extreme photography by Joshua Mandell November 27, 2020
When it comes to the extreme, lava photography requires an intense level of devotion, courage, and resistance, peering into the heart of a volcano and remaining all at once, at the mercy of something far greater than oneself.
“Liquid Light.” That’s how photographer G Brad Lewis describes lava on his website. There, he showcases dangerously close and incredibly beautiful pictures of molten rock. The stuff spurts up from inside mountains. It flows across the land in a half-cooled state, casting its glow into the very stars.
If lava is liquid light, it’s earned that name. Lava photography, as intense and mystifying as it is, is in large part that way because of how lava creates and interacts with light.
The glow of lava is intense and it is mesmerizing. There’s no question that volcano photography has a secure niche in the world of extreme photography.
But how exactly does one get those shots of liquid light without getting melted?
Lewis’s own site notes that he wears a respirator to keep the fumes out of his lungs. Lava is so incredibly hot that even standing near it is extremely dangerous.
The cameras Lewis uses certainly aren’t resistant to the resulting damage, either. Taking pictures of volcanoes takes a toll on your equipment, and cameras are forced to be swapped in and out frequently.
Volcanic eruptions can be explosive events, coming with little warning, but they can also be slow and drawn-out. For example, Mount Kilauea in Hawaii, where a lot of volcano photography takes place.
As long as you keep your distance from the lava, you’re relatively safe, but when you go up for a close shot you’ll need protective gear. In the video above, Shawn Talbot, another volcano photographer, reports that he feels the heat when standing on a boat twenty feet from the lava flow.
Once he decides to get closer, though, he has to cover his exposed skin for protection. Protective gloves and a gas mask help to prevent injury, but even then there’s a limit to how close you can get to lava.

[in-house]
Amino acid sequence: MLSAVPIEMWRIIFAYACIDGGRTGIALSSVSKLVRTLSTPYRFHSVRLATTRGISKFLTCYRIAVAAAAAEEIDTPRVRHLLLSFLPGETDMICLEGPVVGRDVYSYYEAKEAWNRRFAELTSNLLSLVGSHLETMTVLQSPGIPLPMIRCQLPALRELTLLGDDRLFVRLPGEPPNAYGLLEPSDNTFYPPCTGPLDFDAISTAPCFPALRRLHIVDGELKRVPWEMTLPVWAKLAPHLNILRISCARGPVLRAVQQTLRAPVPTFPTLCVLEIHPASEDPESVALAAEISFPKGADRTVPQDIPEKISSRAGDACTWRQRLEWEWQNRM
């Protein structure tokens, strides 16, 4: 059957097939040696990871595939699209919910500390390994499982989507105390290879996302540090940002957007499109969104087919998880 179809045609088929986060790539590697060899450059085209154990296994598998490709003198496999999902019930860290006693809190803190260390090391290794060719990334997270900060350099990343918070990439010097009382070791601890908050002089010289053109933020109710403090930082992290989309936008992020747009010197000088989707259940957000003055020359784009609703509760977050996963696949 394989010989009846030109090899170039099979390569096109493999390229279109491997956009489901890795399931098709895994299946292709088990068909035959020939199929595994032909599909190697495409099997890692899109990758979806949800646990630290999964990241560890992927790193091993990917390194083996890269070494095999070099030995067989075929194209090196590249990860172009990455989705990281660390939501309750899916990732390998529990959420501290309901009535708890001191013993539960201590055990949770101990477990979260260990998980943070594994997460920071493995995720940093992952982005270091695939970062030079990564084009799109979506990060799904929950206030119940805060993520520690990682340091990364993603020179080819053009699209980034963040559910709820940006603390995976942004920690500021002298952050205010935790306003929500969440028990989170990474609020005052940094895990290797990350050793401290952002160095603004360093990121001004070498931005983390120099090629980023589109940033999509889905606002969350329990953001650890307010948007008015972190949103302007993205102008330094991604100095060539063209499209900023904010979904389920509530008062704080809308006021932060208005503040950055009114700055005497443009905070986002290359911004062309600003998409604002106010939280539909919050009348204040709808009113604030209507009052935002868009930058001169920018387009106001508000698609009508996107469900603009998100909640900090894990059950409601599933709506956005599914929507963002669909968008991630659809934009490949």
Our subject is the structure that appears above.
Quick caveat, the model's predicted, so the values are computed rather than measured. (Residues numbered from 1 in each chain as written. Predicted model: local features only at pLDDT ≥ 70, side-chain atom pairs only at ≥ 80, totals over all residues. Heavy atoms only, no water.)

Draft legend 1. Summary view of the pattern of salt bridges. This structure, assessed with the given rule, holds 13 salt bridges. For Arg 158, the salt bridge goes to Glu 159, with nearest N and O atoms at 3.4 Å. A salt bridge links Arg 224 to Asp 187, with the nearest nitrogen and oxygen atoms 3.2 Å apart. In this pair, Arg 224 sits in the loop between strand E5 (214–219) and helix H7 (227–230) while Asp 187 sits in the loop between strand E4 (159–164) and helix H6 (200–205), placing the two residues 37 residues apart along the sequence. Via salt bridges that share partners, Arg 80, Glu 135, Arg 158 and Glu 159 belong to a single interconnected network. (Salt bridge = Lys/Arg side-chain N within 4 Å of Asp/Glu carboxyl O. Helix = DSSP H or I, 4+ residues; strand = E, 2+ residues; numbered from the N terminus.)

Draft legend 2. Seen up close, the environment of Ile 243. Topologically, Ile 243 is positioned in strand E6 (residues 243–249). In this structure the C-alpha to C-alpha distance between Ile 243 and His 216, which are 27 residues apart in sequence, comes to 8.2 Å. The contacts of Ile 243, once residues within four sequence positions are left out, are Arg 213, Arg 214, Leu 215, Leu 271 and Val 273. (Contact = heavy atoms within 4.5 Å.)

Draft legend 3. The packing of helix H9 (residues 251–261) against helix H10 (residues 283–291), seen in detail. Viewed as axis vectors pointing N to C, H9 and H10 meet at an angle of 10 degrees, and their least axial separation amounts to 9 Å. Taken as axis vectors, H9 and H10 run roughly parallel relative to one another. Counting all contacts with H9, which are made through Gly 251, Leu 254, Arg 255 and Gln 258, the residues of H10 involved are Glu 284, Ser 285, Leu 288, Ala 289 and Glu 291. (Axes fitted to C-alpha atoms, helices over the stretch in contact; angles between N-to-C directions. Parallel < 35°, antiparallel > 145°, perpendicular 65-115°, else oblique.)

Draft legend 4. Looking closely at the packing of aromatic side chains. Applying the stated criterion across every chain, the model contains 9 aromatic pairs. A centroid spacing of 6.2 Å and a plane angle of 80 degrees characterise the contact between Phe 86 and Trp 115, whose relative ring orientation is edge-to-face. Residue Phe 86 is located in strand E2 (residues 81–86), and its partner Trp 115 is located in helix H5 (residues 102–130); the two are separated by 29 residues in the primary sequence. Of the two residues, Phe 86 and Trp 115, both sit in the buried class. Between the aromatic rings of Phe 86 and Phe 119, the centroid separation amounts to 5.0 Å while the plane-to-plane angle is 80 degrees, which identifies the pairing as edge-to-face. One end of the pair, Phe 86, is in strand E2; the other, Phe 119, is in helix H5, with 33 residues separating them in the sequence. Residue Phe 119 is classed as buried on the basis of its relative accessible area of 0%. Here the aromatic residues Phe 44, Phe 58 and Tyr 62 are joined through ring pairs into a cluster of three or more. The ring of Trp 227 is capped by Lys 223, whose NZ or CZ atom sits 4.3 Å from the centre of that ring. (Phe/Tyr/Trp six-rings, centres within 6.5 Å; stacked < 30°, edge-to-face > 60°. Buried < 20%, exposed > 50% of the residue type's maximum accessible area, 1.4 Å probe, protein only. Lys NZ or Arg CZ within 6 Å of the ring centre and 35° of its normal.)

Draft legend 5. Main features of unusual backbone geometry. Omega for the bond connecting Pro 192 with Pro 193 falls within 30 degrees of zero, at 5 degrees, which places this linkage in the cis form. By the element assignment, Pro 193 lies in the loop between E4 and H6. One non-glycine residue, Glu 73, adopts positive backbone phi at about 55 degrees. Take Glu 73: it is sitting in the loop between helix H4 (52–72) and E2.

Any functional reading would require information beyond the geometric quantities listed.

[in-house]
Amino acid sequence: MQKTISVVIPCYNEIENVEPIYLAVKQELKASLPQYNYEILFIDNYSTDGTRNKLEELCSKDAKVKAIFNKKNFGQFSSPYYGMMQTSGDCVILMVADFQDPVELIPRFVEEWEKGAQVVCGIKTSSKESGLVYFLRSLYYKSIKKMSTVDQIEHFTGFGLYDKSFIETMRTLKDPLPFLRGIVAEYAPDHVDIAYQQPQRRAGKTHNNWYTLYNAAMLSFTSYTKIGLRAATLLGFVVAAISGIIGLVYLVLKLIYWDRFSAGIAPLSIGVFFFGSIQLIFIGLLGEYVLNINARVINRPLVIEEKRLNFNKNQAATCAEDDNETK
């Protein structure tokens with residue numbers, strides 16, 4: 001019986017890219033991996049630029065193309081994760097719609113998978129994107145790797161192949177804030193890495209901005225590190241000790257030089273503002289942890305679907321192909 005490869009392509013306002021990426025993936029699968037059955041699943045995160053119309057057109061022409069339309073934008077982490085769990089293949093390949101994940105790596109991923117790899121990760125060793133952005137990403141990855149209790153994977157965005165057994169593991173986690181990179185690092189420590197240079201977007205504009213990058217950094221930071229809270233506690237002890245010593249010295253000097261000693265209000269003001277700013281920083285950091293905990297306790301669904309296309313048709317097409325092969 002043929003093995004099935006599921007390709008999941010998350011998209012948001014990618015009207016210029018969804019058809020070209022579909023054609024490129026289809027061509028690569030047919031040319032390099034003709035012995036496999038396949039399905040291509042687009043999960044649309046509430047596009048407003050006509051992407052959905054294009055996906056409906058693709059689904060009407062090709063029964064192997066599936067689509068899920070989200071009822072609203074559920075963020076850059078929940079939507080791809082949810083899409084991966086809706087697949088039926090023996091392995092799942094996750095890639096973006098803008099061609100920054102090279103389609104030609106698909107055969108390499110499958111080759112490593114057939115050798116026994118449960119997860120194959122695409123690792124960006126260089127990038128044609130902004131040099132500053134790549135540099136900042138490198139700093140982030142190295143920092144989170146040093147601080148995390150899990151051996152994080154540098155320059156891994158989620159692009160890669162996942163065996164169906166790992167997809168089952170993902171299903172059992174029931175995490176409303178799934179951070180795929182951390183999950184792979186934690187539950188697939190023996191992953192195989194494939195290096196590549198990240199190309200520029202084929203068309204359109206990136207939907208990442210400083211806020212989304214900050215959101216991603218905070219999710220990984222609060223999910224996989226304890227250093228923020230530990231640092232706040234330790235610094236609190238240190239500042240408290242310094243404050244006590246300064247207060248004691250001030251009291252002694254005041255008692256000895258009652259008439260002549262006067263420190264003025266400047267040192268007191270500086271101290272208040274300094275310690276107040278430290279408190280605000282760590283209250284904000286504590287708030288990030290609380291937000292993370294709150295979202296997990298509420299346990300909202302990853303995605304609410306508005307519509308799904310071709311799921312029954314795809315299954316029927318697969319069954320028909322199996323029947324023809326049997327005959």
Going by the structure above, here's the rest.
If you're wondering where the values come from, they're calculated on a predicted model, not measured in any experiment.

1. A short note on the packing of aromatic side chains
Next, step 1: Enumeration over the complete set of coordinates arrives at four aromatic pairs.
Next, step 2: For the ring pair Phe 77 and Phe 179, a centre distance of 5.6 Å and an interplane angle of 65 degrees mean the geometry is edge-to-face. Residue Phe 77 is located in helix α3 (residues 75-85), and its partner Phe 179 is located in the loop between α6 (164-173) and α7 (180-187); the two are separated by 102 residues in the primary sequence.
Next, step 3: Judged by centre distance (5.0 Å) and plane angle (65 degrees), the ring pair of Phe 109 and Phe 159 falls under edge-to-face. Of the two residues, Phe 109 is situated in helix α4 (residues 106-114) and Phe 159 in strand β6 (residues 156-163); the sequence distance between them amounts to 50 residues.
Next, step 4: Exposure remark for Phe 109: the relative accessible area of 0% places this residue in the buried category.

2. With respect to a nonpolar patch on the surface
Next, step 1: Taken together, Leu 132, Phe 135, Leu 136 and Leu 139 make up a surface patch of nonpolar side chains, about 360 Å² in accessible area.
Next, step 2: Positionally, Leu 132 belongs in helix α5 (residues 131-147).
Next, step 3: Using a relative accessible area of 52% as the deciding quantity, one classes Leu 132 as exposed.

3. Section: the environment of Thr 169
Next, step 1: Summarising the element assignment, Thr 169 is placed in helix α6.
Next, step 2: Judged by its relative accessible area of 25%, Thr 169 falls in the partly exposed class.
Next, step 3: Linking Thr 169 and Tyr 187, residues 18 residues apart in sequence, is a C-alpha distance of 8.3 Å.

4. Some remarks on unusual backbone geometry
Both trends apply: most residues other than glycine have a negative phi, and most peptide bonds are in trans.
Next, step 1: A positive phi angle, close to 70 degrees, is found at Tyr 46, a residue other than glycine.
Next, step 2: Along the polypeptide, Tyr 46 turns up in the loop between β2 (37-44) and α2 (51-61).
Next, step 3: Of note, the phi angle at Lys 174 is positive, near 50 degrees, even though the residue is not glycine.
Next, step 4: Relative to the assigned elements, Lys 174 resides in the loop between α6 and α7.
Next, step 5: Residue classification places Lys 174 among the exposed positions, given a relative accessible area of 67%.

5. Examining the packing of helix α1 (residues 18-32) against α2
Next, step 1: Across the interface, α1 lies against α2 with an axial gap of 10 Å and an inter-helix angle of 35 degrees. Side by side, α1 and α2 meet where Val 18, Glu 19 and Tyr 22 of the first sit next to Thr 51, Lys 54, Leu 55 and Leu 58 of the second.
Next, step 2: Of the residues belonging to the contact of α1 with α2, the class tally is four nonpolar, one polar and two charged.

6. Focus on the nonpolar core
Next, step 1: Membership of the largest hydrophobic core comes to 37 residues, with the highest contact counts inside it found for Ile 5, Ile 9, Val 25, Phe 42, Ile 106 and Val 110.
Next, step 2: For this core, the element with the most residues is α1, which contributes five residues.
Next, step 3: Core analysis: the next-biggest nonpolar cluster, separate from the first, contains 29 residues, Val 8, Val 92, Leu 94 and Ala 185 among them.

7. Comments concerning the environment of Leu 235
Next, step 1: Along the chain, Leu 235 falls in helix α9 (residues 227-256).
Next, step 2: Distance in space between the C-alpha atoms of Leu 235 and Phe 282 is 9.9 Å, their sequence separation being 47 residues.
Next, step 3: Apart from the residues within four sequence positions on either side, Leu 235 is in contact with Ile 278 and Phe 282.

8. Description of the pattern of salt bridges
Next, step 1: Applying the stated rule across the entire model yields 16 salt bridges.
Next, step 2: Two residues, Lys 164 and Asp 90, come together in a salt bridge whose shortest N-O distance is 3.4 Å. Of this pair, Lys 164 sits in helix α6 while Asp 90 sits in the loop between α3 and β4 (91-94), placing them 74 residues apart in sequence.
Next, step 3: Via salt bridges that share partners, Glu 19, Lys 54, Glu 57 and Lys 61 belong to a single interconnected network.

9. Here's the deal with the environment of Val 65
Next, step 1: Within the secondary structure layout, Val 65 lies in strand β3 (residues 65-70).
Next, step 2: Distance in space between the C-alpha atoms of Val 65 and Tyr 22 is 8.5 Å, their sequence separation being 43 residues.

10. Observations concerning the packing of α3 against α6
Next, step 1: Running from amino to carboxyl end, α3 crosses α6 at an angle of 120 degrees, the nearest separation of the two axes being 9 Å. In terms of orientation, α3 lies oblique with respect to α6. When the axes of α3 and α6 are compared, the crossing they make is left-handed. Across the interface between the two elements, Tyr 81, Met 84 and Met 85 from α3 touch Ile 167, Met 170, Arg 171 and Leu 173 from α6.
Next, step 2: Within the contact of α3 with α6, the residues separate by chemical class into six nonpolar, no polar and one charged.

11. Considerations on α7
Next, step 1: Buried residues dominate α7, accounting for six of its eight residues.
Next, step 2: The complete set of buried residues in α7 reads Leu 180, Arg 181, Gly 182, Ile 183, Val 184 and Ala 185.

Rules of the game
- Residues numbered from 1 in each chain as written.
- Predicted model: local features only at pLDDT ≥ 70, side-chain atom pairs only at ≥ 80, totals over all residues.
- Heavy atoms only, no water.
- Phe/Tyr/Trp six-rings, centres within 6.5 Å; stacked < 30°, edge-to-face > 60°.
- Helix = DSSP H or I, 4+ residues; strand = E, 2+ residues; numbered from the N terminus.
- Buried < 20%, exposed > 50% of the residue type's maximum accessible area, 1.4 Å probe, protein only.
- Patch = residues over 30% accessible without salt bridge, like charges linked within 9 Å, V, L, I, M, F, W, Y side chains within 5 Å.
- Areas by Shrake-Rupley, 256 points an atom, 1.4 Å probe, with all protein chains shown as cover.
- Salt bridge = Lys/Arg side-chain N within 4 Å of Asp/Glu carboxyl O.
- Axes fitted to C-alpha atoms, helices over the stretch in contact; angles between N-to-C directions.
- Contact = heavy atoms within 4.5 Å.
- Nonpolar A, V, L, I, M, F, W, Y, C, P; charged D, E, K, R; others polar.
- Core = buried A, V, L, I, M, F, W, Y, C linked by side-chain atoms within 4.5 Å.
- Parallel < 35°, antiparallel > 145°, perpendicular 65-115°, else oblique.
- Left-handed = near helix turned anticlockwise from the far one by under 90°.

In fact, what you see above is a fairly relaxed case – the lava is half-cooled, as you see in Talbot’s photographs, and is far from the source, which is why he’s able to survive standing so close to the molten rock.
A full-on volcanic eruption is many times more unstable. There is a good reason that only an expert extreme photographer should be capturing something so dangerous.
It isn’t just lava that poses a danger to would-be photographers. Huge plumes of ash and steam burst up from the site of a volcanic eruption. The range for photographers is far greater than lava’s bubbling, and these phenomena are extremely and dangerous. Pyroclasts – airborne fragments of volcanic material – can pose a great danger to you as well.
Plus, there’s no avoiding the damage to delicate, heat-sensitive equipment that you’ll deal with. That includes not just the cameras and peripherals, but the clothes you wear. High-quality, insulated boots are a necessity for volcano photographers – plus the ubiquitous gas masks and thick, protective gloves.
Another quick safety tip: in Steve Talbot’s video, he stuck his hand into the water to test it while near a lava flow. Now, no doubt, Talbot (being an expert in lava photography) knew about how hot it was and was simply demonstrating for the cameras.
But if that lava had been closer, or there had been more of it, the water could have gotten hot enough to cause burns.
Some videographers and photographers have been able to get close to lava even mid-eruption, though, with the aid of modern technology.
Camera drones are a gift to photography for many reasons – and perhaps most exciting is their ability to get extreme shots in dangerous places. No human is going to crawl down the bowl of a volcano’s crater to film the lava. But a drone? It doesn’t need to come back.
Lava photography requires an intense combination of safety, diligence, patience, and yes, even advanced technology. But more than anything, it requires a courage and perseverance nearly unrivaled in other professions.
Lava photographers, as in most daring pursuits, is only for the bold and creative. Risking everything — all for that perfect shot.